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Friend disclosed to her abusive relationship to me and I'm in complete shock and unsure how to proceed

(6 Posts)
Worryworker Tue 03-May-16 19:48:25

Me and dh have friends whom live very near us and whom we met when we moved into our house 10 years ago. They are older than us, no children. We regularly borrow stuff off each other, go round for chats, they'll occasionally mind our dc's. Following them having a recent family bereavement I invited friend round for cup of tea and chat as she was struggling with the loss. I was expecting to offer tea, sympathy and warm words about her loss but instead she started telling me about her dh and how basically he was psychologically, emotionally and financially abusing her and had done so for many years. She also disclosed he'd hit her on a few occasions when he was 'angry' with her. She showed me recent texts from him, calling her a bitch, selfish control freak etc. She spoke of how he'll just go out for hours on end, frequently socialising with newly acquired younger (male and female) friends, telling her she has no friends and no one like her. He's spent all her money buying gadgets etc but gets annoyed if she buys herself something. He somehow persuaded her to sign her savings account over to her and basically has spent all of her money. He's now insisting she cash in a pension she has as they 'need the money'.

The house they live in is mortgaged in her name only but she says she knows he'll never leave and he has nowhere to go- not that she's asked him to leave. She spoke of feeling scared of him and of confronting him so feels she just has to carry on as she is.

I just cannot believe it. I told my dh who was also completely shocked too. Over past 10 years they've seemed such a lovely, happy, devoted couple. He's always been lovely to us (as he is to everyone except his wife it seems). I know I only have her side of the story but I have no reason to disbelieve her. I feel ill have to 'carry on like normal' as don't want to put her at risk by letting him know I know but acting 'normally' is going to be so bloody difficult. She doesn't want to seek professional help nor police involvement but seemed genuinely scared for her safety as his behaviour seems to be escalating. All I've said to her is we're here for her day or night. There's nothing else I can do is there?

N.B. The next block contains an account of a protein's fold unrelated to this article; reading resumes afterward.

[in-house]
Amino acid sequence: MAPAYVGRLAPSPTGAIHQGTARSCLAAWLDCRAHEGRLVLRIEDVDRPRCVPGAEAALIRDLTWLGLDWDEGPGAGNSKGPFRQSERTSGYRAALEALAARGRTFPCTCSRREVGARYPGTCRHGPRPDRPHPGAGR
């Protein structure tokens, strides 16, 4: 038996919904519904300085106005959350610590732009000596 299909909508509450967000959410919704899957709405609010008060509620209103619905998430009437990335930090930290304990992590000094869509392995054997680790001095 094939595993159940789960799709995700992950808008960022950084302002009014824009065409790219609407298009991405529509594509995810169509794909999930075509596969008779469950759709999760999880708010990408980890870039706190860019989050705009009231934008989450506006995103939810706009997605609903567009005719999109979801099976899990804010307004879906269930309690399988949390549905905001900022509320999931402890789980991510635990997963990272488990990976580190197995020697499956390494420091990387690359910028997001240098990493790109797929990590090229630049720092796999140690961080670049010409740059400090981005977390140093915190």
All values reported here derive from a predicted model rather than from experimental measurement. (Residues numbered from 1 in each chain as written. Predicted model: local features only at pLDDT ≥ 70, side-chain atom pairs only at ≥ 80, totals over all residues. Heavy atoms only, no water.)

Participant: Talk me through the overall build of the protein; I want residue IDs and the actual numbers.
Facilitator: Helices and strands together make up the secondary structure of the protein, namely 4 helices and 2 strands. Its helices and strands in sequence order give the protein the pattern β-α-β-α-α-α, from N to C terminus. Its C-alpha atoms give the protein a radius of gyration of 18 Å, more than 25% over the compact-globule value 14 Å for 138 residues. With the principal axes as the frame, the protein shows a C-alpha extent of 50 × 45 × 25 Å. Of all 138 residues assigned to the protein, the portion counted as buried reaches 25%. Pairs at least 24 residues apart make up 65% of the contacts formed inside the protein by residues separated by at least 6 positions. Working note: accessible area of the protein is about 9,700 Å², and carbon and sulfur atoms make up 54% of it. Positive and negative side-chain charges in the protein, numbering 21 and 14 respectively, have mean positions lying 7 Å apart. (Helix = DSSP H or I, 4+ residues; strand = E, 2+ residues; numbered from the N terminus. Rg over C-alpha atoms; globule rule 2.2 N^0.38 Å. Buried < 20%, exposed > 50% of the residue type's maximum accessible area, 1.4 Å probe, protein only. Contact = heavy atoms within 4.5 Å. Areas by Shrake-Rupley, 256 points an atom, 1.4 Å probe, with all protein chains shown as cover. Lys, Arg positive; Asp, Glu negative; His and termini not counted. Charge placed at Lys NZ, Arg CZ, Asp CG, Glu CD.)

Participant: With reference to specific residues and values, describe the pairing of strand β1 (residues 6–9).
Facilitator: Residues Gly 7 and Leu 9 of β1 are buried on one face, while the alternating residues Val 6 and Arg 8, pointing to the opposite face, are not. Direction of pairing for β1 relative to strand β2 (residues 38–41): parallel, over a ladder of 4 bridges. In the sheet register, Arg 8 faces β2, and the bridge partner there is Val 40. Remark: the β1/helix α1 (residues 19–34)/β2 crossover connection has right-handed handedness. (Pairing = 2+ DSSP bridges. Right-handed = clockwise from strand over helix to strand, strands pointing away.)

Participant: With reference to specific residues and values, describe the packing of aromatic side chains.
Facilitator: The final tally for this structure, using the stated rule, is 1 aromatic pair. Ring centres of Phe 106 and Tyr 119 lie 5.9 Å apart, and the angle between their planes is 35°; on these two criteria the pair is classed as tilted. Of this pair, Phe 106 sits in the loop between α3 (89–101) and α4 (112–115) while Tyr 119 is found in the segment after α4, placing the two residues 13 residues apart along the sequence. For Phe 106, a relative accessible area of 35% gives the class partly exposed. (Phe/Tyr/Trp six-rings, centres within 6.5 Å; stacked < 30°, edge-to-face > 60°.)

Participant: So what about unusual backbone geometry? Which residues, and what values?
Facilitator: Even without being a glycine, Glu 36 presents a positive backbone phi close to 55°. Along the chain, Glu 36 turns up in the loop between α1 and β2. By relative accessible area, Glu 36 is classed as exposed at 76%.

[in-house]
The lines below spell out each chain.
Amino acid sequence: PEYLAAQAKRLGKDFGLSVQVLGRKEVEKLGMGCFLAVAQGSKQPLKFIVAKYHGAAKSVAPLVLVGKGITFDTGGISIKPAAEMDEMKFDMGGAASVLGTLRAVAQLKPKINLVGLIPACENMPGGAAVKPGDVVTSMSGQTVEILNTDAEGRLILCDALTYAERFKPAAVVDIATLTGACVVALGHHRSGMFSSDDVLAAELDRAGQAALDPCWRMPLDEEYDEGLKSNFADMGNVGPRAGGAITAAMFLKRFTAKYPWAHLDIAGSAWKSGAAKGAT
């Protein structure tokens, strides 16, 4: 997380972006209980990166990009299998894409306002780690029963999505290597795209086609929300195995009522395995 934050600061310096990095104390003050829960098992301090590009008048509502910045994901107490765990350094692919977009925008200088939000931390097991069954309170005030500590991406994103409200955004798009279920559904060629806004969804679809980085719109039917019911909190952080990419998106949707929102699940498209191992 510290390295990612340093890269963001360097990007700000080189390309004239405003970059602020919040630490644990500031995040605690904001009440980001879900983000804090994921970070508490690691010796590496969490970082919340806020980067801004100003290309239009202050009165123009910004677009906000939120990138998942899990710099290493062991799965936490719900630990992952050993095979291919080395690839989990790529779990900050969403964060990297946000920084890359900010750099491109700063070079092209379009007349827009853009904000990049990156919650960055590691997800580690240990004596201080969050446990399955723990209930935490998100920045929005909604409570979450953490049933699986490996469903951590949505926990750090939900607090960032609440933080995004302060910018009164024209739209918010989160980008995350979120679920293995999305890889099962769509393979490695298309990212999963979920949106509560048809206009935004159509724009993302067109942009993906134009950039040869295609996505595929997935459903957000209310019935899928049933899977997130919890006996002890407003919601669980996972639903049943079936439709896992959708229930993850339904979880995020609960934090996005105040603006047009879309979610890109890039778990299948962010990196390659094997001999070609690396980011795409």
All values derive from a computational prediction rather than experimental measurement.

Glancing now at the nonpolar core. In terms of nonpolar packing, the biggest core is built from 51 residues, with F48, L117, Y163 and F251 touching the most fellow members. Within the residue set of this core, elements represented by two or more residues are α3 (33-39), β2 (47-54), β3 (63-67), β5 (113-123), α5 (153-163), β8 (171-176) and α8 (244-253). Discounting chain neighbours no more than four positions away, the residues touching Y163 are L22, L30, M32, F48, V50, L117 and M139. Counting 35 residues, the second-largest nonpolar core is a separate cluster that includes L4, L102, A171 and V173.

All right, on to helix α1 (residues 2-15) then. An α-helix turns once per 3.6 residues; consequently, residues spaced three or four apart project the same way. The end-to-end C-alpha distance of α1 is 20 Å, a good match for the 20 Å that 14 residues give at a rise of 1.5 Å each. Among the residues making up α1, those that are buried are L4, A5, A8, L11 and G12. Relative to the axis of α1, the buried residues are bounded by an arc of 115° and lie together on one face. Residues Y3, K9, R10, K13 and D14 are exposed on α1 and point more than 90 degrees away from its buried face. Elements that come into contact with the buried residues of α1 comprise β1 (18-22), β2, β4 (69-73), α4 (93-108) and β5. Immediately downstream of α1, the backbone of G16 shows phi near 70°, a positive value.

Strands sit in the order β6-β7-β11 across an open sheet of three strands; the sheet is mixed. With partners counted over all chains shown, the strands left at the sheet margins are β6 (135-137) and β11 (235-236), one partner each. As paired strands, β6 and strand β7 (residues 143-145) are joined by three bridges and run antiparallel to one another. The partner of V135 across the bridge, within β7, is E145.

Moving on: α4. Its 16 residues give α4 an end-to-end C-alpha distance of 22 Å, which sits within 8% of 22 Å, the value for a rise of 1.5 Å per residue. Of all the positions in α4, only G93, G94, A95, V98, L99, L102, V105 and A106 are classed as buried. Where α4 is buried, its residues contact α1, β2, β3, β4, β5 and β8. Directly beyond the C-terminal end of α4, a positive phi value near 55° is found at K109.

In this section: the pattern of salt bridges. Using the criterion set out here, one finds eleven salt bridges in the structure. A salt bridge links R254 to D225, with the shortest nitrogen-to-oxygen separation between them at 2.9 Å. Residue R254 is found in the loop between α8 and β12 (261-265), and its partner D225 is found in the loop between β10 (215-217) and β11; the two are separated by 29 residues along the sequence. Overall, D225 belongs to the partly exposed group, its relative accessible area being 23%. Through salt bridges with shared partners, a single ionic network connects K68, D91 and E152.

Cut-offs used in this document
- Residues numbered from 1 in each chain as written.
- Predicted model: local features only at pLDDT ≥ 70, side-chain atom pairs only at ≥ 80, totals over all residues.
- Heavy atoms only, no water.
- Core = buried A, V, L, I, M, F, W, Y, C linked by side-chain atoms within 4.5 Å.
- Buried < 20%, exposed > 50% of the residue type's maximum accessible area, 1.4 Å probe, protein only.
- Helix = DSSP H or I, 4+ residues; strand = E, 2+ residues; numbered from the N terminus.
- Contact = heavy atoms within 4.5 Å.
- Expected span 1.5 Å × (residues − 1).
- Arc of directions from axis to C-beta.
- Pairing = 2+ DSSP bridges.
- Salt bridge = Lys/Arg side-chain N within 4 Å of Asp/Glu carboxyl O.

redexpat Tue 03-May-16 20:18:39

You can keep things safe for her. Passport, tax forms, birth certificate.
You can keep a bag of things she may need if she needs to escape.
You can allow her to access women's aid from your internet and phone line.
You can go with her to the bank to set up a new account without paper statements. When the time comes she can get her money paid into that too.
You can start researching SHLs in your area. (Shit hot lawyer)
You can call women's aid for advice.
You can act as sweet as pie to his face so he doesn't try to isolate her from you.

arthriticfingers Tue 03-May-16 20:55:40

redexpat has covered everything, I think.
Yes to all of it!
Can I just add: listen and believe. As well as all the above, not instead.
There should be more neighbours like you.

PPie10 Tue 03-May-16 21:01:30

Good advice from red. Your poor friend sadjust goes to show you never know what happens behind closed doors. If she isn't going to leave him then all you can do is offer unconditional support. Poor thing must be feeling so down about the bereavement and just let it all out.

Worryworker Tue 03-May-16 21:38:31

Thank you. redexpat that's great advice thanks. Have suggested her coming round later in week or going out for lunch so will ask her/offer her to leave anything at mine. Will also let her know of local DV support charity even if it's just to get advice re:her house if ever she does decide to leave.

I know PPie10 I just couldn't believe it. Yes think bereavement was a catalyst to her disclosing. I worry about her and will do what I can to support her. I completely believe her arthriticfingers and was glad she felt she could confide in me. She was apologising for telling me, knowing he was my friend too (not anymore - although ill be nice as pie to his face!).

longdays Tue 03-May-16 22:03:44

She's taken a huge step in telling you that she is being abused. The most helpful thing you can do is continue to listen and believe her.


was on the Women's Aid Facebook site today. I think it's pretty accurate.

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